Footnote: an additional scene pops up early in the end credits.

The Disc Grades: Picture B+/ Audio B/ Bonus A-

Saw X appears in an aspect ratio of 1.85:1 on this 4K UHD Disc. This became a solid reproduction of an intentionally “gritty” movie.

Though shot digitally, the filmmakers wanted to give the image a more celluloid/”dated” look. This meant Saw X lacked the sparkle one would expect from a native 4K product.

In any case, sharpness looked fine overall. Some softness stemmed from the desire to add a layer of “roughness” to the movie, but the image became largely appealing in this domain.

I saw no issues with jagged edges or shimmering, and edge haloes remained absent. The movie sported a layer of “fake grain”, and it lacked print flaws.

Colors veered toward a standard mix of heavy amber and teal, with some reds/greens/yellows tossed in occasionally as well. Tiresome as these choices seem, the disc replicated them appropriately, and HDR gave them added kick.

Blacks felt deep and dense, while shadows offered solid smoothness and clarity. HDR brought extra depth to whites and contrast. Expect a quality reproduction of a semi-challenging image.

Downconverted to Dolby TrueHD 7.1, the movie’s Dolby Atmos soundtrack brought a fairly standard horror affair. This meant a lot of ambience punctuated with occasional louder “scare moments”.

Music used the spectrum actively, and general atmosphere fleshed out the room well. As implied, the mix lacked a lot of the kind of action scenes that would create a more dynamic soundscape, but the track seemed more than suitable for this story.

Audio seemed positive, with speech that appeared concise and distinctive. Effects became accurate and full.

Music remained the best part of the track, so the score sounded rich and dynamic. I almost gave the mix a “B+” and it did suit the story, but it felt a bit too limited in scope for a grade above a “B”.

How did the 4K UHD compare to the Blu-ray version? Both came with identical Atmos audio.

As for the image, it demonstrated the format’s usual improvements, as the 4K seemed better defined and more vivid. However, even though the picture came from a native 4K source, I felt it upgraded the Blu-ray less than I would anticipate due to the intentional “grittiness” mentioned earlier.

I still would opt for the 4K over the BD. I just didn’t witness the big leap I usually find from true 4K products.

As we shift to extras, we go to an audio commentary with director/editor Kevin Greutert, cinematographer Nick Matthews and production designer Anthony Stabley. All three sit together for this running, screen-specific look at story/characters, cast and performances, sets and locations, effects, photography, editing and cut footage, music, and related domains.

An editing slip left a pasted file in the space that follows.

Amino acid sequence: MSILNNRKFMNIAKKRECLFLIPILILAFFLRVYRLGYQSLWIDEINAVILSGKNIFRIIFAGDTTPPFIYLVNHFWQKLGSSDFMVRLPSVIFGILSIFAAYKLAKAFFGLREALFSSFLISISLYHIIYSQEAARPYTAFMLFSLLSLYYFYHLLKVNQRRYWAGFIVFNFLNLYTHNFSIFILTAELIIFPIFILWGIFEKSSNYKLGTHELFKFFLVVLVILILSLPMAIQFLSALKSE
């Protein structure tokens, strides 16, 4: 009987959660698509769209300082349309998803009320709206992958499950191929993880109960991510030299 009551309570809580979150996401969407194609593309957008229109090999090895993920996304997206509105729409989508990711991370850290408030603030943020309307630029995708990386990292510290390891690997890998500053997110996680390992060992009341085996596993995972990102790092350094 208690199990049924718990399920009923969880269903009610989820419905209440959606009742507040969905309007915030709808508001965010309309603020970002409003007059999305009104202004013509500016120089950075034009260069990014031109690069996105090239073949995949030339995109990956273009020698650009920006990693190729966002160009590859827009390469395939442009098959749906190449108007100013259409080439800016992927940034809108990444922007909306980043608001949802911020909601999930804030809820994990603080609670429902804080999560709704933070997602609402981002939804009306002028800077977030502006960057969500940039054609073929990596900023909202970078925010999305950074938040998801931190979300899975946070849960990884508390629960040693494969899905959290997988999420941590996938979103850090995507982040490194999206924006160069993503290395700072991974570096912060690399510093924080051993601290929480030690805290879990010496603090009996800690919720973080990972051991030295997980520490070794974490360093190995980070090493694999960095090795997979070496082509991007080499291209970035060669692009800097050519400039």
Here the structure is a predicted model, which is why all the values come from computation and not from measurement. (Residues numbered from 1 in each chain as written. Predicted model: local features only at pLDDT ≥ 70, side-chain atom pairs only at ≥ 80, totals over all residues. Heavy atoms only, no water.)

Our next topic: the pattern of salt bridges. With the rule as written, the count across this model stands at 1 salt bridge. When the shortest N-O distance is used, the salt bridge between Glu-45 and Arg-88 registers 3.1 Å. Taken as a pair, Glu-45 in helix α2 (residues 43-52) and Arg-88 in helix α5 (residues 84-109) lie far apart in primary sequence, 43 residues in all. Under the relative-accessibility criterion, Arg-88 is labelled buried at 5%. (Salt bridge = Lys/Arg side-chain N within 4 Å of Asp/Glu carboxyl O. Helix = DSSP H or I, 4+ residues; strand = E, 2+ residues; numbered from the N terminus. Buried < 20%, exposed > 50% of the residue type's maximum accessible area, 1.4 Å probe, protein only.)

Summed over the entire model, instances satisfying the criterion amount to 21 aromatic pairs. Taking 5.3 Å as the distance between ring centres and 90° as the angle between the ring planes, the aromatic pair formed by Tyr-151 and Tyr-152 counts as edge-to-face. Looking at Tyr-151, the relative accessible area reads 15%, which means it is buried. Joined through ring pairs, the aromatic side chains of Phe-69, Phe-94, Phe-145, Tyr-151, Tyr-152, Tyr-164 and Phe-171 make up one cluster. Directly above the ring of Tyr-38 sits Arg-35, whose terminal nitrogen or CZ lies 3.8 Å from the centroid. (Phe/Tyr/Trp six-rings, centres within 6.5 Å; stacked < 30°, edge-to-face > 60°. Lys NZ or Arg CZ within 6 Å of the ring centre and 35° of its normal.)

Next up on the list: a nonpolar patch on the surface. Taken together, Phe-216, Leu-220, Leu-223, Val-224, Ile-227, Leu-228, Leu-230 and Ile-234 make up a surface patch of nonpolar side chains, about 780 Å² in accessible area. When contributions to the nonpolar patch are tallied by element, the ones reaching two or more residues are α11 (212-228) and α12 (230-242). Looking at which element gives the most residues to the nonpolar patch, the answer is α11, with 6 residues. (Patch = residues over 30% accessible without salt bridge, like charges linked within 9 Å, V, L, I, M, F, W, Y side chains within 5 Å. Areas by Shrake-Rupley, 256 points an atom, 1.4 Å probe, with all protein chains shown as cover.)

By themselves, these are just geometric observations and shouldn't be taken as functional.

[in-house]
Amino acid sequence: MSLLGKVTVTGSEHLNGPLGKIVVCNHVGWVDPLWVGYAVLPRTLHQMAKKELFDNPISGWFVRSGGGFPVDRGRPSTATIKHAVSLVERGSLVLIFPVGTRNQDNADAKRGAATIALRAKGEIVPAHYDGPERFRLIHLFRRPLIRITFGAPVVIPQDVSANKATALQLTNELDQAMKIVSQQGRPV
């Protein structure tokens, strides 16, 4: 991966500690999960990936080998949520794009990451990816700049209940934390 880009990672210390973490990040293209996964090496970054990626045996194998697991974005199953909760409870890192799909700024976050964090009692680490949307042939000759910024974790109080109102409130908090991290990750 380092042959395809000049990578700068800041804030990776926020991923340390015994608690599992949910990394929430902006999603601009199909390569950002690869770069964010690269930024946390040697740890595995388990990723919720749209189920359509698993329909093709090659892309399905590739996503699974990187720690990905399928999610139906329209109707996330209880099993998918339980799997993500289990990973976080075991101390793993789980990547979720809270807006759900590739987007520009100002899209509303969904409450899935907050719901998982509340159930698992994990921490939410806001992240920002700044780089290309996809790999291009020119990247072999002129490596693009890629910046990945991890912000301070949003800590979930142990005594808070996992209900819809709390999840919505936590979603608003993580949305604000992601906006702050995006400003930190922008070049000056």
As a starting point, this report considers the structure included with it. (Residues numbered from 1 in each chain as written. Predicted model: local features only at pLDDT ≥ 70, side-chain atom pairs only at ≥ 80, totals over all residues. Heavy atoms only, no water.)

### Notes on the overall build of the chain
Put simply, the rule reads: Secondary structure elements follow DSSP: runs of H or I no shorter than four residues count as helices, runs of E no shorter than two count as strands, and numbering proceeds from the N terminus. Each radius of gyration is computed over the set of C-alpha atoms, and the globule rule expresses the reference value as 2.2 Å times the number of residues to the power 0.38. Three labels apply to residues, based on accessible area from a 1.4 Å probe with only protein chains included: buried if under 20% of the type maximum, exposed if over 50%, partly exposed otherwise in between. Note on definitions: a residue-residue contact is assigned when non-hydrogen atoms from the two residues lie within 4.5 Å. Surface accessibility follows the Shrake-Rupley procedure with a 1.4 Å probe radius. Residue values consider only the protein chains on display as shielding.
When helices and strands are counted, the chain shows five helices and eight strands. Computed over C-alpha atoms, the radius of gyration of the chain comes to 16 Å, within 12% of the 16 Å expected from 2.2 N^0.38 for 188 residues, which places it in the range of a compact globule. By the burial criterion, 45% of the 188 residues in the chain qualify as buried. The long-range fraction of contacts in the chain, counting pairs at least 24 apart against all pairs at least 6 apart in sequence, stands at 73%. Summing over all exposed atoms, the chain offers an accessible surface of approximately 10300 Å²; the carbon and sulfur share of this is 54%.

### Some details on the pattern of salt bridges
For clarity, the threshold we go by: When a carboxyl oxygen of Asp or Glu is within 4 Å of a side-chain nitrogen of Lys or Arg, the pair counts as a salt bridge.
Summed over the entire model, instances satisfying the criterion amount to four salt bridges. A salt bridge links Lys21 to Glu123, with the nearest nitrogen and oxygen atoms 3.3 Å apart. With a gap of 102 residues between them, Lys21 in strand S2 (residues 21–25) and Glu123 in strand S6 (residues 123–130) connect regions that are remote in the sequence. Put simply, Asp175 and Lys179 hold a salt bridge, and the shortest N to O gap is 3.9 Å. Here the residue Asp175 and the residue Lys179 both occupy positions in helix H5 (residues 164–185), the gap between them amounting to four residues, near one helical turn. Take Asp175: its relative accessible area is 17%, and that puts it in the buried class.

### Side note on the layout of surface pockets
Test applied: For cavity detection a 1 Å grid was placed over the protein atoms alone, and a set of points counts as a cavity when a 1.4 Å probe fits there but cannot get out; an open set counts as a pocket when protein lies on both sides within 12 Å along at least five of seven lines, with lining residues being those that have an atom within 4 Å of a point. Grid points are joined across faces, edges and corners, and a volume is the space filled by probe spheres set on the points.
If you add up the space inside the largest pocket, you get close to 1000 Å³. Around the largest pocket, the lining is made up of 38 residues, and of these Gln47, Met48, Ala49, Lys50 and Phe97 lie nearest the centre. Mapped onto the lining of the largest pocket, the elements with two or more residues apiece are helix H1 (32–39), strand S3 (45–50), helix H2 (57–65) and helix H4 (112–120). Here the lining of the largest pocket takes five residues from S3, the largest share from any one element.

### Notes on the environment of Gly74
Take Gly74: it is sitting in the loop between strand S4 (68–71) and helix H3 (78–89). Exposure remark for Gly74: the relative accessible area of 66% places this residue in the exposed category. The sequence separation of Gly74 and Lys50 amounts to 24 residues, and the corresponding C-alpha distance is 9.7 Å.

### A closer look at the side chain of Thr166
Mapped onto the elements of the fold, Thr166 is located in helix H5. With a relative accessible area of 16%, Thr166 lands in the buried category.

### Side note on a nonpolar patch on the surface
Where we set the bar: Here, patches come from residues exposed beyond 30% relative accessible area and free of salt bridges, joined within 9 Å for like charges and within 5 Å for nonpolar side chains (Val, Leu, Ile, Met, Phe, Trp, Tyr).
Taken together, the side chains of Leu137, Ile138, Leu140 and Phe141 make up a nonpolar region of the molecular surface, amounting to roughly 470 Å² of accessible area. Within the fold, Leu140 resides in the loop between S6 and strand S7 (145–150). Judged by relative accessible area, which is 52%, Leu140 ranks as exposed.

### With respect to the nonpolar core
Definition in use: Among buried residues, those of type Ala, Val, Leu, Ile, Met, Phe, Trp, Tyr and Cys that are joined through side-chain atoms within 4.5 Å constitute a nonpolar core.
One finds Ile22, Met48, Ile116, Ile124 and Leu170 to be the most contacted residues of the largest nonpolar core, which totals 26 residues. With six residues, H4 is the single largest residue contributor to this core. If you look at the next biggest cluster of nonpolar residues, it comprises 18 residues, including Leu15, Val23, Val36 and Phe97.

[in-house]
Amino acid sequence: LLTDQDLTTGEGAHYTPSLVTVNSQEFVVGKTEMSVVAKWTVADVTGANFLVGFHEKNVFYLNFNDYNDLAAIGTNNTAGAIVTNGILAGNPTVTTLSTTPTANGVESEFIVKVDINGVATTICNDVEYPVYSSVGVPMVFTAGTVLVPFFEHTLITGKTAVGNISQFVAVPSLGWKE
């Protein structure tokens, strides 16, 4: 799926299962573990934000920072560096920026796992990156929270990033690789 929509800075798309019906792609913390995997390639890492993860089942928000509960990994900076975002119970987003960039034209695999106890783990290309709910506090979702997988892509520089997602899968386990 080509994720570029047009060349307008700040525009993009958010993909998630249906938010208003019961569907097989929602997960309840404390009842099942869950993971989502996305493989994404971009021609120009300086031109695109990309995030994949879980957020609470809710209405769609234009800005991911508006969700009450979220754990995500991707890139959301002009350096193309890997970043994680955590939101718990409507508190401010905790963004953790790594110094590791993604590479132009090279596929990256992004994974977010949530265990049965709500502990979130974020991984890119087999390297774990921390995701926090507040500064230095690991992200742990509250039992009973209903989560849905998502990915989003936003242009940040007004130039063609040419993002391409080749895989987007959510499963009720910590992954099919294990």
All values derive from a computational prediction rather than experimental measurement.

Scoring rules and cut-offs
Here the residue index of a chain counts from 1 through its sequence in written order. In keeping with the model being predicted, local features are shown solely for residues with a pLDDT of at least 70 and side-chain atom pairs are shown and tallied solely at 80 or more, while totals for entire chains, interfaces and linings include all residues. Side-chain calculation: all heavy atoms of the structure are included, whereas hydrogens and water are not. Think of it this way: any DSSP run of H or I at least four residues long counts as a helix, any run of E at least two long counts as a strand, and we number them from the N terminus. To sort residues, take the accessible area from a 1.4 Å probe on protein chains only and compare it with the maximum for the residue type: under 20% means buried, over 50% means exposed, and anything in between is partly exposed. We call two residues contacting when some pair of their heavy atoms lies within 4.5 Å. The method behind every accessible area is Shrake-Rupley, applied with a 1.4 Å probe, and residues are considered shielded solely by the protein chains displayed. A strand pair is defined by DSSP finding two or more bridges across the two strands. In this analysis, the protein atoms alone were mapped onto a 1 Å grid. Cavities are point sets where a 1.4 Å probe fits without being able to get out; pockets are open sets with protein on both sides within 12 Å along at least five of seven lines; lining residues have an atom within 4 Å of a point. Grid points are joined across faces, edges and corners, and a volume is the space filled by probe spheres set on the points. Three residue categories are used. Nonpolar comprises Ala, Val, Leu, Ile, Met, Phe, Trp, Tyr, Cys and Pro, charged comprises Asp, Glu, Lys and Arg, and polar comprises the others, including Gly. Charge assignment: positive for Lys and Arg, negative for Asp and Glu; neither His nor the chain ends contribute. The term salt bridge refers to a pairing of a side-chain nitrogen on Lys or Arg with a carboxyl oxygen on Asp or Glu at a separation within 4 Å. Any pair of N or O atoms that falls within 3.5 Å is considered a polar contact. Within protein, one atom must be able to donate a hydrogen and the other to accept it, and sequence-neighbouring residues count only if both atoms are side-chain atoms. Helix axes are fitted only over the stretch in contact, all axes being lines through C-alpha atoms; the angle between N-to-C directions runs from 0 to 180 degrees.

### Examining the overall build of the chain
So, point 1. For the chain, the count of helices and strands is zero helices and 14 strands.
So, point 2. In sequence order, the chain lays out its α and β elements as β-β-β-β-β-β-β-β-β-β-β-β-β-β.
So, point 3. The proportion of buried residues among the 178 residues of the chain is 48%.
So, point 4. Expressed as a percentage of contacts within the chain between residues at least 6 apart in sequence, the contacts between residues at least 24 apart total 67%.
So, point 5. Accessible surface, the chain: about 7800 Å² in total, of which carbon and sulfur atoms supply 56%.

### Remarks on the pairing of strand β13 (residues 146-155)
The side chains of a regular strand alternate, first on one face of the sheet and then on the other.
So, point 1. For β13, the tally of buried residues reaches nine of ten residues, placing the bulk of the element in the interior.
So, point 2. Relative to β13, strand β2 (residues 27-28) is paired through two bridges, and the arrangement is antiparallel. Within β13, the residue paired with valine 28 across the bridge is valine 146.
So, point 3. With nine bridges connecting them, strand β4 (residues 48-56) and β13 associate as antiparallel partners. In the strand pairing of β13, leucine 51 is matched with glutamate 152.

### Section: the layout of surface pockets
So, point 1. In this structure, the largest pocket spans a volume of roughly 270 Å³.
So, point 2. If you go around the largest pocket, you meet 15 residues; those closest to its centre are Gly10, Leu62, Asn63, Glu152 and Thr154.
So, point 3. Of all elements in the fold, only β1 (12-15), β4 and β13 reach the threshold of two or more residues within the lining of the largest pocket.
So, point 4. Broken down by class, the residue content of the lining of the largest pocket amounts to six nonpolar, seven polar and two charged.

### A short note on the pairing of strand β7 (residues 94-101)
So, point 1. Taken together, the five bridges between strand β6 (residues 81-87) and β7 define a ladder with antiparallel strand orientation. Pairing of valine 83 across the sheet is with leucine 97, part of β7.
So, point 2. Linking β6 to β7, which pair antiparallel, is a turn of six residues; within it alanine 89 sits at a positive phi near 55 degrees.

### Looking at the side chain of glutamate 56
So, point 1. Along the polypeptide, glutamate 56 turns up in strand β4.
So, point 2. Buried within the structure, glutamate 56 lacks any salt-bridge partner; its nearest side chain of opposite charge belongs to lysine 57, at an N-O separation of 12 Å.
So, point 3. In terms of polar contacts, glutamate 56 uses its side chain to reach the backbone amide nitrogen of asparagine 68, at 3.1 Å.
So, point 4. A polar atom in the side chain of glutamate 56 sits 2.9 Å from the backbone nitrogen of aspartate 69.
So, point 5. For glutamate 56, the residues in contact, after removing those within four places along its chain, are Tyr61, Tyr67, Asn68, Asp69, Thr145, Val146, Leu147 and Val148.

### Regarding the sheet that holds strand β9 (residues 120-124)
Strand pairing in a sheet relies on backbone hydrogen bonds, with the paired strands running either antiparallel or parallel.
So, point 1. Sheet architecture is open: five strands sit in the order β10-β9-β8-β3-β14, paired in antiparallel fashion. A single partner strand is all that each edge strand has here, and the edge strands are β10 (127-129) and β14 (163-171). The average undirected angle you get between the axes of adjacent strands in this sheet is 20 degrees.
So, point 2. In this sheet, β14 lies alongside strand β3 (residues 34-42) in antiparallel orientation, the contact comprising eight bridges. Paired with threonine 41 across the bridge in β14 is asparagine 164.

The commentary starts slowly, mainly because the participants tend to blow a lot of smoke and praise each other. However, matters improve as the track progresses, so this eventually turns into a fairly informative chat.

A six-part documentary called Reawakening fills a total of one hour, 35 minutes, 47 seconds. It involves Greutert, Stabley, Matthews, co-writer Josh Stolberg, producers Mark Burg and Oren Koules, executive producers Jason Constantine and Dan Heffner, prosthetic makeup designer Justin Raleigh, key prosthetic makeup artist Kelsey Berk, stunt coordinator Daniel Salazar, composer Charlie Clouser, and actors Tobin Bell, Shawnee Smith, Synnøve Macody Lund, Steven Brand, Paulette Hernández, Octavio Hinojoso, and Renata Vaca.

“Reawakening” looks at the project’s roots and development, story/characters/challenges, cast and performances, sets and locations, cinematography, the “traps” and stunts/effects, editing and music, and the movie’s marketing/release.

With 95 minutes at its disposal, “Reawakening” offers a pretty solid view of the production. Some of the usual happy talk appears, but the program compensates with plenty of good behind the scenes footage.

13 Deleted Scenes occupy a total of 37 minutes, 10 seconds. These add exposition to Kramer’s attempts to pursue treatment as well as more related to the preliminaries before he seeks “justice”.

We also find extensions of existing scenes. At nearly two hours, Saw X already runs long, so I think these would’ve just slowed down the story. Still, some seem interesting on their own.

Drawing Illustration spans 33 minutes, 55 seconds. It presents “illustrated scene breakdowns” with Greutert.

These cover three scenes as Greutert essentially offers additional commentary for them. He also gets to use a telestrator and pause the film to point out details, so this becomes a fun expansion to the full commentary.

In addition to the film’s trailer, we finish with a collection of Makeup Department Trap Tests. These take up 17 minutes, 28 seconds.

As implied by the title, this collection shows video footage of the planning that went into various traps. It delivers a good peek behind the scenes.

A second disc provides a Blu-ray copy of Saw X. It includes the same extras as the 4K.

As the tenth film in a franchise, Saw X finds little room to innovate. Although it concentrates more on character and plot than usual, the final product still revolves around graphic gore. The 4K UHD comes with well-rendered picture and audio along with a solid collection of bonus materials. Expect a strong release for a so-so movie.

To rate this film visit the Blu-Ray review of SAW X

Review Archive:  # | A-C | D-F | G-I | J-L | M-O | P-R | S-U | V-Z | Viewer Ratings | Main